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TCIM Research

CAIM researchers’ practices and perceived barriers related to open science

Jeremy Y. Ng, Holger Cramer, David Moher, et al. | Published on 5/6/2024

Complementary, alternative, and integrative medicine researchers’ practices and perceived barriers related to open science: An international, cross-sectional survey


Introduction and objective

Open science (OS) aims to make the dissemination of knowledge and the research process transparent and accessible to everyone. With the increasing popularity of complementary, alternative, and integrative medicine (CAIM), our goal was to explore what are CAIM researchers’ practices and perceived barriers related to OS.



We conducted an anonymous online survey of researchers who published in journals listed in Scopus containing the words “complementary”, “alternative”, or “integrative” medicine in their names. We emailed 6040 researchers our purpose-built electronic survey after extracting their email address from one of their publications in our sample of journals. We questioned their familiarity with different OS concepts, along with their experiences and challenges engaging in these practices over the last 12 months.



The survey was completed by 392 researchers (6.5% response rate, 97.1% completion rate). Most respondents were CAIM researchers familiar with the overall concept of OS, indicated by those actively publishing open access (OA) (n = 244, 76.0%), registering a study protocol (n = 148, 48.0%), and using reporting guidelines (n = 181, 59.0%) in the past 12 months. Preprinting, sharing raw data, and sharing study materials were less popular. A lack of funding was reported as the greatest barrier to publishing OA by most respondents (n = 252, 79.0%), and that additional funding is the most significant incentive in applying more OS practices to their research (n = 229,72.2%). With respect to preprinting barriers, 36.3% (n = 110) participants believed there are potential harms in sharing non-peer-reviewed work and 37.0% (n = 112) feared preprinting would reduce the likelihood of their manuscript being accepted by a journal. Respondents were also concerned about intellectual property control regarding sharing data (n = 94, 31.7%) and research study materials (n = 80, 28.7%).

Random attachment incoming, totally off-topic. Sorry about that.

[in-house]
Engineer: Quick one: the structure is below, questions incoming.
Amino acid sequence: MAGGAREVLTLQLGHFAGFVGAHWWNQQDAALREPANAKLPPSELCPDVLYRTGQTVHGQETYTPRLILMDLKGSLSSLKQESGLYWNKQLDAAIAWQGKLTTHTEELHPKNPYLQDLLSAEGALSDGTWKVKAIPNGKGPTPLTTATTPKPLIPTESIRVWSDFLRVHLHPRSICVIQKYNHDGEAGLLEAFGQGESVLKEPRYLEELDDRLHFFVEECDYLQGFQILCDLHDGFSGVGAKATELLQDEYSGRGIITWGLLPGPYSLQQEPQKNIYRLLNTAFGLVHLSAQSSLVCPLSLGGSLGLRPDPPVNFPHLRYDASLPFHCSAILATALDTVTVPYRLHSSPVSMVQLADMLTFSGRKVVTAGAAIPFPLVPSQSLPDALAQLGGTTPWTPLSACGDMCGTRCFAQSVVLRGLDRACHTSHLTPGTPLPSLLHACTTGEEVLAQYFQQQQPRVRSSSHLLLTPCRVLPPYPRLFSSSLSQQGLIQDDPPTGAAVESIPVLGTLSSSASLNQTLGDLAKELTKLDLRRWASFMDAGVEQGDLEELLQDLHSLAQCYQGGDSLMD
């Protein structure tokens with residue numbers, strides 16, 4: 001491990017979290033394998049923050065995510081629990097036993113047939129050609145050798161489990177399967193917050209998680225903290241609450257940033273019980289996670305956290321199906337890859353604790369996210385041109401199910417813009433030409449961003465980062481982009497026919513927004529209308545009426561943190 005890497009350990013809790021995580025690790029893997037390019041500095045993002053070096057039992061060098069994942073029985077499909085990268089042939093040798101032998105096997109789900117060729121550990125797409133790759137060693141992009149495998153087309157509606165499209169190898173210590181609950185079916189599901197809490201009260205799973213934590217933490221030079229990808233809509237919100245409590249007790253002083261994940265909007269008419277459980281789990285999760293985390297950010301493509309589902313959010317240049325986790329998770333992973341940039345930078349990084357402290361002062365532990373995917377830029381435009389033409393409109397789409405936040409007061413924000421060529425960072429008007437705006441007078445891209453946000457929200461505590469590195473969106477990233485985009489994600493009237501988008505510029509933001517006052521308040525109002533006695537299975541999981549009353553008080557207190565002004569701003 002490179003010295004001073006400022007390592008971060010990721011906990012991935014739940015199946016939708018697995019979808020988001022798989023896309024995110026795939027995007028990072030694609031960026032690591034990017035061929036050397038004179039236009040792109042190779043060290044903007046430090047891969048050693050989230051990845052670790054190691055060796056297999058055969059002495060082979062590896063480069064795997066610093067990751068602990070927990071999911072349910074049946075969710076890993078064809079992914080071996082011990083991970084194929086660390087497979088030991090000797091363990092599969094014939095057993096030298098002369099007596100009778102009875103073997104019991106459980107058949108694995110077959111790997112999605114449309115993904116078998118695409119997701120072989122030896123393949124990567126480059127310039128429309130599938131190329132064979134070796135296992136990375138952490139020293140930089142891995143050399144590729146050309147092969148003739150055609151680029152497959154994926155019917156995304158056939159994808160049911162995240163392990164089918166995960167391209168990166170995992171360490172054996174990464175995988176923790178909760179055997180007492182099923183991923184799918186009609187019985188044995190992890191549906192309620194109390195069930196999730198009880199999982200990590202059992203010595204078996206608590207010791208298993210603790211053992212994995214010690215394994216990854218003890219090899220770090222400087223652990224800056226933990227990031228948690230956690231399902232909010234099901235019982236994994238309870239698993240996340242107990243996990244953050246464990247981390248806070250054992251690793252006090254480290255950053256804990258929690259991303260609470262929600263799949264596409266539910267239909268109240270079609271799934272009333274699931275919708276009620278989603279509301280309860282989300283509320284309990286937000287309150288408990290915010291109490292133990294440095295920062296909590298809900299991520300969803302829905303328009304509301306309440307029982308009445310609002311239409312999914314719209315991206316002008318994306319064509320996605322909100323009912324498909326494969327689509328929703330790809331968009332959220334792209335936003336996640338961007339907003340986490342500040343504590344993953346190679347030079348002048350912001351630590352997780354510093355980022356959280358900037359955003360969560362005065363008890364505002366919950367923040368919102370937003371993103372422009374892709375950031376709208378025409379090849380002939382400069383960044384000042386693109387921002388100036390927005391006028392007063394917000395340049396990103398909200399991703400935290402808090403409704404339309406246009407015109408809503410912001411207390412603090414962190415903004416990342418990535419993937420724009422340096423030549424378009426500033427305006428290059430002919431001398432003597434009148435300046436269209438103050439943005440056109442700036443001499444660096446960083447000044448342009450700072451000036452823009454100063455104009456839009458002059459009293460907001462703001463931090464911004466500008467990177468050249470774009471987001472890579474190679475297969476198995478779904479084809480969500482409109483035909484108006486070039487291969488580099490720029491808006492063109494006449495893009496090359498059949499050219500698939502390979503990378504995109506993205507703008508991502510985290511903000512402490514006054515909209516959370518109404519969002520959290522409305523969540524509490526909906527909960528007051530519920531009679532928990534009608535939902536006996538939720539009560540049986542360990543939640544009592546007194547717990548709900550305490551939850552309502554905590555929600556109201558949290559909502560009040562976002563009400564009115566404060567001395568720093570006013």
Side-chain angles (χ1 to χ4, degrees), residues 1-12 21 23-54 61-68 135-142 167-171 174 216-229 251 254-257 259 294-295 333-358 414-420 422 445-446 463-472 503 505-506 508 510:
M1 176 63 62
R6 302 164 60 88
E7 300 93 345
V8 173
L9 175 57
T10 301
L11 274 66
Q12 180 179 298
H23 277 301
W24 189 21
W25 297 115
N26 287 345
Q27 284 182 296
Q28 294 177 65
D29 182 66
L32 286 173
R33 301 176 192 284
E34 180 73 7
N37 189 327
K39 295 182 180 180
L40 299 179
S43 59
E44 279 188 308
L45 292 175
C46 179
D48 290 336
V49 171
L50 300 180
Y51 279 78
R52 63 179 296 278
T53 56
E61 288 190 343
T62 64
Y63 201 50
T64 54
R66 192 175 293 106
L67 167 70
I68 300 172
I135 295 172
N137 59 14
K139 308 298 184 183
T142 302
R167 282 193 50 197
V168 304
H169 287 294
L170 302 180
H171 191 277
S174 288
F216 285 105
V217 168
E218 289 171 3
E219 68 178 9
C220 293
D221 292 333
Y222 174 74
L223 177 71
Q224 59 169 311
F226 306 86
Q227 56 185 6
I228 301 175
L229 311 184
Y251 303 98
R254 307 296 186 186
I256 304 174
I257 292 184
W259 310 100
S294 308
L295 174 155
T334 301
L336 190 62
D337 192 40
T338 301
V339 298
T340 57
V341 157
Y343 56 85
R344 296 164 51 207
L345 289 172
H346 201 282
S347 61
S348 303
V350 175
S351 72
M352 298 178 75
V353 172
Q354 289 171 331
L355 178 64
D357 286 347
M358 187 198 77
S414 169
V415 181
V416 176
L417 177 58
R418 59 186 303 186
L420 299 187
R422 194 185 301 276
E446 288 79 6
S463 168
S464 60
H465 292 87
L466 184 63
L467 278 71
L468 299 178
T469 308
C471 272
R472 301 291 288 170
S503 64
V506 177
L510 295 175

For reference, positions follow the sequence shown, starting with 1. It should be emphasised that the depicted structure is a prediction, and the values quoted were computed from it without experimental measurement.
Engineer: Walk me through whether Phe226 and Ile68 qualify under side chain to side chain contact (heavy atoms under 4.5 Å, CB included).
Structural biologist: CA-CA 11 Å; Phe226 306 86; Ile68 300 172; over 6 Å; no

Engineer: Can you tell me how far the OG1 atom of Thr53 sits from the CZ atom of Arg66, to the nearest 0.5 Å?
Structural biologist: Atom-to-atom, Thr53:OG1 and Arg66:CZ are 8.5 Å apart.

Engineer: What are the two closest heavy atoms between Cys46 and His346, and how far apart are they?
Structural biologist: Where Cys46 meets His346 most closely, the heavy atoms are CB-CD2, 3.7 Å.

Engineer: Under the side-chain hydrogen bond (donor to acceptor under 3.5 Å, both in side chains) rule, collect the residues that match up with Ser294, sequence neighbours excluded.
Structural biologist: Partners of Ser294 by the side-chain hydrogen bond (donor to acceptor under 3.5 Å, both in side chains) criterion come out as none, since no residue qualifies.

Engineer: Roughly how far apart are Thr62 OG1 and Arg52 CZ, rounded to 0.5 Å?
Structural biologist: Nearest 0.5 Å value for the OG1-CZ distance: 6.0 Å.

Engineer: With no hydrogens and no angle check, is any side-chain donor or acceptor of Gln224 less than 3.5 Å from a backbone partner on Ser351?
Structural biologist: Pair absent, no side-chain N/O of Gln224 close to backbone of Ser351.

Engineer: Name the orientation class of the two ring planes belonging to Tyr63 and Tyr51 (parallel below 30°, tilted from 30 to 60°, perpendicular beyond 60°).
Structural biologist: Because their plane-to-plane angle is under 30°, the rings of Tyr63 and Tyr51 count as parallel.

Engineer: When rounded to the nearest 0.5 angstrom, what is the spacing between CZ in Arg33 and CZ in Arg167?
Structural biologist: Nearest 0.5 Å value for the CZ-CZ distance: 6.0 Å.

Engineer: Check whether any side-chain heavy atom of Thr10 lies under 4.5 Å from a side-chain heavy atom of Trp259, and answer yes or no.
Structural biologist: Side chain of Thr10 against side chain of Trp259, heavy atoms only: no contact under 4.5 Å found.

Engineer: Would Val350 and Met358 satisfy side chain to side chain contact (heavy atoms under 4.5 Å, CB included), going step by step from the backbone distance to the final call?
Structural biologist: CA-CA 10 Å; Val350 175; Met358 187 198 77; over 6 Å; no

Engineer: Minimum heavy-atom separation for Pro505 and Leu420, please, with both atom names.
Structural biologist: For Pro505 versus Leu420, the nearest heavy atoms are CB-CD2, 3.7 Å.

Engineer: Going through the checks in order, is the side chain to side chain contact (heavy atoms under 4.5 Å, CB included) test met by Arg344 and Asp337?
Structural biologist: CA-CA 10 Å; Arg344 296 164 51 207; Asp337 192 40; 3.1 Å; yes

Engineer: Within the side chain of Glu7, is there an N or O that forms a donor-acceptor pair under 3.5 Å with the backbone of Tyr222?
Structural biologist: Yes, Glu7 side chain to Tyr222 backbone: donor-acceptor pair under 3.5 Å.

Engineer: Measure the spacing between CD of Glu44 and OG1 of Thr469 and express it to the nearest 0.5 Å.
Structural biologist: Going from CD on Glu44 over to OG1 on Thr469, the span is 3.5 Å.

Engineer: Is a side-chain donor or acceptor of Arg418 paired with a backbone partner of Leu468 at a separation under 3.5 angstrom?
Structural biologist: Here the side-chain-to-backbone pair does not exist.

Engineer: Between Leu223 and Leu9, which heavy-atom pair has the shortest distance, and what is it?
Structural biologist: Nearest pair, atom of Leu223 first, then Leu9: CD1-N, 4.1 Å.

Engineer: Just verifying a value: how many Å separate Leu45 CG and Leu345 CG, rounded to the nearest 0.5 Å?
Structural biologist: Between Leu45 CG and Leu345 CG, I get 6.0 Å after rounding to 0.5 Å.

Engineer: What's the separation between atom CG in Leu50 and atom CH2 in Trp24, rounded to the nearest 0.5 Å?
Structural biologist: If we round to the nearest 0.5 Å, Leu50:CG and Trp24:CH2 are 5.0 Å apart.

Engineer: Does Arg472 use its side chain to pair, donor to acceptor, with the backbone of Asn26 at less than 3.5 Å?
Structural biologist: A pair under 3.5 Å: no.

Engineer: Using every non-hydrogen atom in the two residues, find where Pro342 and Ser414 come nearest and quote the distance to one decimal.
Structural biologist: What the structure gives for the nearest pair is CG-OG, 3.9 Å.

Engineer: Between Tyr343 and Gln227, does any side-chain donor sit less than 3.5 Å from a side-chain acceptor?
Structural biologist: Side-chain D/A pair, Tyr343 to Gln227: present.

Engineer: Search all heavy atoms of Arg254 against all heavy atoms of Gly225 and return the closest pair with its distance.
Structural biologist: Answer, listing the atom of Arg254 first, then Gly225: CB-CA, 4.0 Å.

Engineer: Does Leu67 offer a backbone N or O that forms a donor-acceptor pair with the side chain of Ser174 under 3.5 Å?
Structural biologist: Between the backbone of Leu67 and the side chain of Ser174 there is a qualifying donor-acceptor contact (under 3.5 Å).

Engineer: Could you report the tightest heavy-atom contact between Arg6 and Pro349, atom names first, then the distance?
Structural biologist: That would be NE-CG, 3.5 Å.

Although many participants were familiar with and practiced aspects of OS, many reported facing barriers relating to lack of funding to enable OS and perceived risks of revealing research ideas and data prior to publication. Future research should monitor the adoption and implementation of OS interventions in CAIM.